More than 60 pct of toddlers not getting enough fruit and vegetables, study reveals

The largest study of its kind has revealed just how bad our toddlers' diets are. 

The Growing Up in NZ study has found more than 60 percent of our toddlers aren't getting enough vegetables, and almost half aren't getting enough fruit. 

One-and-half-year-old Ezra loves his food and chicken is his favourite.  

But like any toddler starting to find his own voice he can also turn the dinner table into a battleground for mum, Anja Work.

"Sometimes he absolutely loves carrots and other days he's like what is this poison?" Work said.

Work offers Ezra fruit and vegetables at every meal but isn't sure if he quite eats enough of it. 

It's a question raised by the Growing up in NZ study that followed almost 7000 Kiwi toddlers and there was an alarming discovery about our two-year-olds. 

"Sixty-one percent weren't consuming the adequate recommendation for vegetable intake," Professor Clare Wall told Newshub.

Almost half weren't getting enough fruit. 

For fruit, toddlers need about two pieces, say an apple and a banana, and they need about a cup of cooked veggies over the whole day. 

It's important because toddler diets influence their future weight, disease and immunity. 

Getting it right from the start can be difficult, with the cost of healthy food a barrier.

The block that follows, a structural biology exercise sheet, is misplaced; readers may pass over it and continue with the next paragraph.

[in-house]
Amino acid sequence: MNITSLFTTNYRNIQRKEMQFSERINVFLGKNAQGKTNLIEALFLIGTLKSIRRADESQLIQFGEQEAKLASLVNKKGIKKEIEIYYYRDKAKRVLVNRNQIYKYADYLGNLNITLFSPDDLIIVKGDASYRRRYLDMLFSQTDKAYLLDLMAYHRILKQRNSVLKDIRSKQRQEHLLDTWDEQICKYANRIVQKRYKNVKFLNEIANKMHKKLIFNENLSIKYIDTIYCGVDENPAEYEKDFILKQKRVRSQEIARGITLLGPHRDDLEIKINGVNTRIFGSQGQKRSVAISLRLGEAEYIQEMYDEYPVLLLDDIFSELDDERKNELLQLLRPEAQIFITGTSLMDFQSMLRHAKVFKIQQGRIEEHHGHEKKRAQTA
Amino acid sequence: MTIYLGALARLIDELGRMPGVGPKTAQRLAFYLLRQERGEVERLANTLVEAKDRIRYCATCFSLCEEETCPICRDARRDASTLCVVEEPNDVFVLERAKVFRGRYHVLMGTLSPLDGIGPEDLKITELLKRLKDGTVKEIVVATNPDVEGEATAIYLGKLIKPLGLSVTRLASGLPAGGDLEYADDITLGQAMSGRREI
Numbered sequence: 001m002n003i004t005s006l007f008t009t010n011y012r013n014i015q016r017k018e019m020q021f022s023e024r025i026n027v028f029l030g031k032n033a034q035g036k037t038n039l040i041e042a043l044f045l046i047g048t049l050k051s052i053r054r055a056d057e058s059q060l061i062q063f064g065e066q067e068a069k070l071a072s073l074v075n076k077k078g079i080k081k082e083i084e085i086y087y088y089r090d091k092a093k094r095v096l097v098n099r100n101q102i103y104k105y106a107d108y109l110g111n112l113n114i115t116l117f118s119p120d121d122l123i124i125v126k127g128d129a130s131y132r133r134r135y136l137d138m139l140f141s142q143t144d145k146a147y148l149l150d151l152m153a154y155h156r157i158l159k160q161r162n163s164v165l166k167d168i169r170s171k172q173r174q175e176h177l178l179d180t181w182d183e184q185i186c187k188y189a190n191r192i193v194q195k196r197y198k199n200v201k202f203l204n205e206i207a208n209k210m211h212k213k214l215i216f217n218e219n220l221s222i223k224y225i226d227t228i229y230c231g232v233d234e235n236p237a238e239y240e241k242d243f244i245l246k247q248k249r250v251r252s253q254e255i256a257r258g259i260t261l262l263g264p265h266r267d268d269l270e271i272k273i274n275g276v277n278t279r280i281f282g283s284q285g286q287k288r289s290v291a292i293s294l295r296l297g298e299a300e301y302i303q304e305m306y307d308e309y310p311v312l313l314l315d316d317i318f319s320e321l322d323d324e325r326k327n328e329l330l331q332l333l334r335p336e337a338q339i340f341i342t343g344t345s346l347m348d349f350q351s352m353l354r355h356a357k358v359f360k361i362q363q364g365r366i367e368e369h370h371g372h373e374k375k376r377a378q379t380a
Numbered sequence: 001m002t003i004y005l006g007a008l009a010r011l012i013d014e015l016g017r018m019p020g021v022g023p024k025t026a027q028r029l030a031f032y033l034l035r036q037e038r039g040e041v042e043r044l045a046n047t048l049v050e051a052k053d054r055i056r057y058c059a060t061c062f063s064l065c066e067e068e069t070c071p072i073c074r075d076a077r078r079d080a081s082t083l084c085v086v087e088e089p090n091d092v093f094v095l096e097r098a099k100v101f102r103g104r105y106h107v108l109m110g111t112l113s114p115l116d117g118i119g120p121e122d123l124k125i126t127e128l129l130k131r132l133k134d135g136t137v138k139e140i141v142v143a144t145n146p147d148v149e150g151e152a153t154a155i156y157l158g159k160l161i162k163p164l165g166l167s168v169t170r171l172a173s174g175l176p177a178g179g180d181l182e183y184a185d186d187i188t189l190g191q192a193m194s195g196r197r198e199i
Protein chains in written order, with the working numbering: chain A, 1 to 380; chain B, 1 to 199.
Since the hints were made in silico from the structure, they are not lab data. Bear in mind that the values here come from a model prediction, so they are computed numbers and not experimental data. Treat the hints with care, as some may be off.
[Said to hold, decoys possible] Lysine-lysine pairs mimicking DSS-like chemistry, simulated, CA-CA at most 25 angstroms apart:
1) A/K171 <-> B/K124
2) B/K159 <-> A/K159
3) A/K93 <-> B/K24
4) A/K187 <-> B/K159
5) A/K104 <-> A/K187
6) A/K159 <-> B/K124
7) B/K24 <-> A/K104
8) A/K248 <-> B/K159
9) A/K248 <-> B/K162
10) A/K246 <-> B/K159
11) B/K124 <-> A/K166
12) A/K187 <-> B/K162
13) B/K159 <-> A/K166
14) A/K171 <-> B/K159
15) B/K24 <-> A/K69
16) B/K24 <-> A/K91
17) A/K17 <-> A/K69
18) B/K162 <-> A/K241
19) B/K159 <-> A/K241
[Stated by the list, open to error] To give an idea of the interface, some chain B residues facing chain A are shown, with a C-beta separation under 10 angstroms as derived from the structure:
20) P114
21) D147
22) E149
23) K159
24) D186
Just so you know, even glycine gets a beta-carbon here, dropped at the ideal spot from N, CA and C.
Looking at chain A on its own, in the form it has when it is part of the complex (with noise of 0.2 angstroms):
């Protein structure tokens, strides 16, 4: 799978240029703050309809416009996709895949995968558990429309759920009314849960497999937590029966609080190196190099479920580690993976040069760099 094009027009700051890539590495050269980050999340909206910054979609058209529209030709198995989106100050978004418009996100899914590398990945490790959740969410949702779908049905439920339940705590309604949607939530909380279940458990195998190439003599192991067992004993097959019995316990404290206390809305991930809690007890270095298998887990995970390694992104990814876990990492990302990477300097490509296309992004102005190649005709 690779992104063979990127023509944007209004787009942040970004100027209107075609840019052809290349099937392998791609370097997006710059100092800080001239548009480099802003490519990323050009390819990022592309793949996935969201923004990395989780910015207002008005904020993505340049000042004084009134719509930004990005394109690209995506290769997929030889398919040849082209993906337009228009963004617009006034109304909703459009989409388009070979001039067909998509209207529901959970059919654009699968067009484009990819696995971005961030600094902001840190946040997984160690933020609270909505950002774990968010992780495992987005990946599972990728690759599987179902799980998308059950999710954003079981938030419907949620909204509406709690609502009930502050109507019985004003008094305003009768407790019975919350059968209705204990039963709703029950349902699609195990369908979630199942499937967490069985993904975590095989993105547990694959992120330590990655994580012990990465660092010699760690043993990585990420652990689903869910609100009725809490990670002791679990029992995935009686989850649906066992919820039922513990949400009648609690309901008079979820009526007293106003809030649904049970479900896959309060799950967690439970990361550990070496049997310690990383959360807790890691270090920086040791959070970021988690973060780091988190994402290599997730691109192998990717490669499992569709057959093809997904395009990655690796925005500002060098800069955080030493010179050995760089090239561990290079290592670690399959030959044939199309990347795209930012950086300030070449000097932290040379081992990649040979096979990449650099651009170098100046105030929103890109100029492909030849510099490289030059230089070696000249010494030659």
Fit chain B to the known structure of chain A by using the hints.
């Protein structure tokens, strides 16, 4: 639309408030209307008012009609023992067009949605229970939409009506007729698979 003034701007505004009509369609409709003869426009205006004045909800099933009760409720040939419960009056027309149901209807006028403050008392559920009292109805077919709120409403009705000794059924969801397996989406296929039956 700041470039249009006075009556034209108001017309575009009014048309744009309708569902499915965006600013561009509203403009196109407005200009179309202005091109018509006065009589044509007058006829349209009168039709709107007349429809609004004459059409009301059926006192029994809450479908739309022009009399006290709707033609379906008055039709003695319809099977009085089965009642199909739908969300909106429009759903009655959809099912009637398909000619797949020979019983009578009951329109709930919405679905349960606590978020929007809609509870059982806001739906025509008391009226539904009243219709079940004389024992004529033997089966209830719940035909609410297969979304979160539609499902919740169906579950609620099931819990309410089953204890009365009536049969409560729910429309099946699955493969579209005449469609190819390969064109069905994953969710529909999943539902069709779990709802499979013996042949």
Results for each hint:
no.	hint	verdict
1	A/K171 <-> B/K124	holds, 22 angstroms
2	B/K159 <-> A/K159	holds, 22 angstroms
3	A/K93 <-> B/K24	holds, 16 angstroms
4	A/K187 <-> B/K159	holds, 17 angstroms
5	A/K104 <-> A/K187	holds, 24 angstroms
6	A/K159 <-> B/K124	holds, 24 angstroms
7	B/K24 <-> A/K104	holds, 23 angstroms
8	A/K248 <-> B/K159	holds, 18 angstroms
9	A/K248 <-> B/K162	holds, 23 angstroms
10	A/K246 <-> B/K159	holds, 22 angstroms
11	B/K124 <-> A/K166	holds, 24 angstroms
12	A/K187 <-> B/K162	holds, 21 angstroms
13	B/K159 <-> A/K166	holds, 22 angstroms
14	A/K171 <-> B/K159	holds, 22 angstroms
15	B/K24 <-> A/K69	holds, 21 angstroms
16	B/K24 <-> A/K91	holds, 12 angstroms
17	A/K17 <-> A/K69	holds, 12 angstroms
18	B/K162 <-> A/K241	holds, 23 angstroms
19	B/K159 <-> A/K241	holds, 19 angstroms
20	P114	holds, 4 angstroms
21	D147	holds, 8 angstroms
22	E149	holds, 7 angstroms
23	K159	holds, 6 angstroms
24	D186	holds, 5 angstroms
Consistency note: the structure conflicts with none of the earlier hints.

"I think we'd eat a lot better if we could afford it, ya know?" Work said.

Fruit alternatives like pureed pouches are also a problem as studies have found they're too high in sugar. 

"They may contain some derivatives of fruit or fruit purees, but it's nothing like consuming the real thing," Prof Wall said.

The authors want tighter marketing rules and GST removed from fruit and veg.

But the researcher behind a separate study has a tip for parents to give their child a taste for vegetables when they first start eating - delay feeding them fruit. 

"Babies need more encouragement to accept vegetables over fruit, they have an innate preference for sweet foods," nutrition researcher Jeanette Rapson told Newshub.

By nine months old, the babies who'd been introduced to vegetables only would eat double the amount of broccoli and spinach than those who also had fruit. 

It's one way to mould our kids' palates and set up their diet for future health.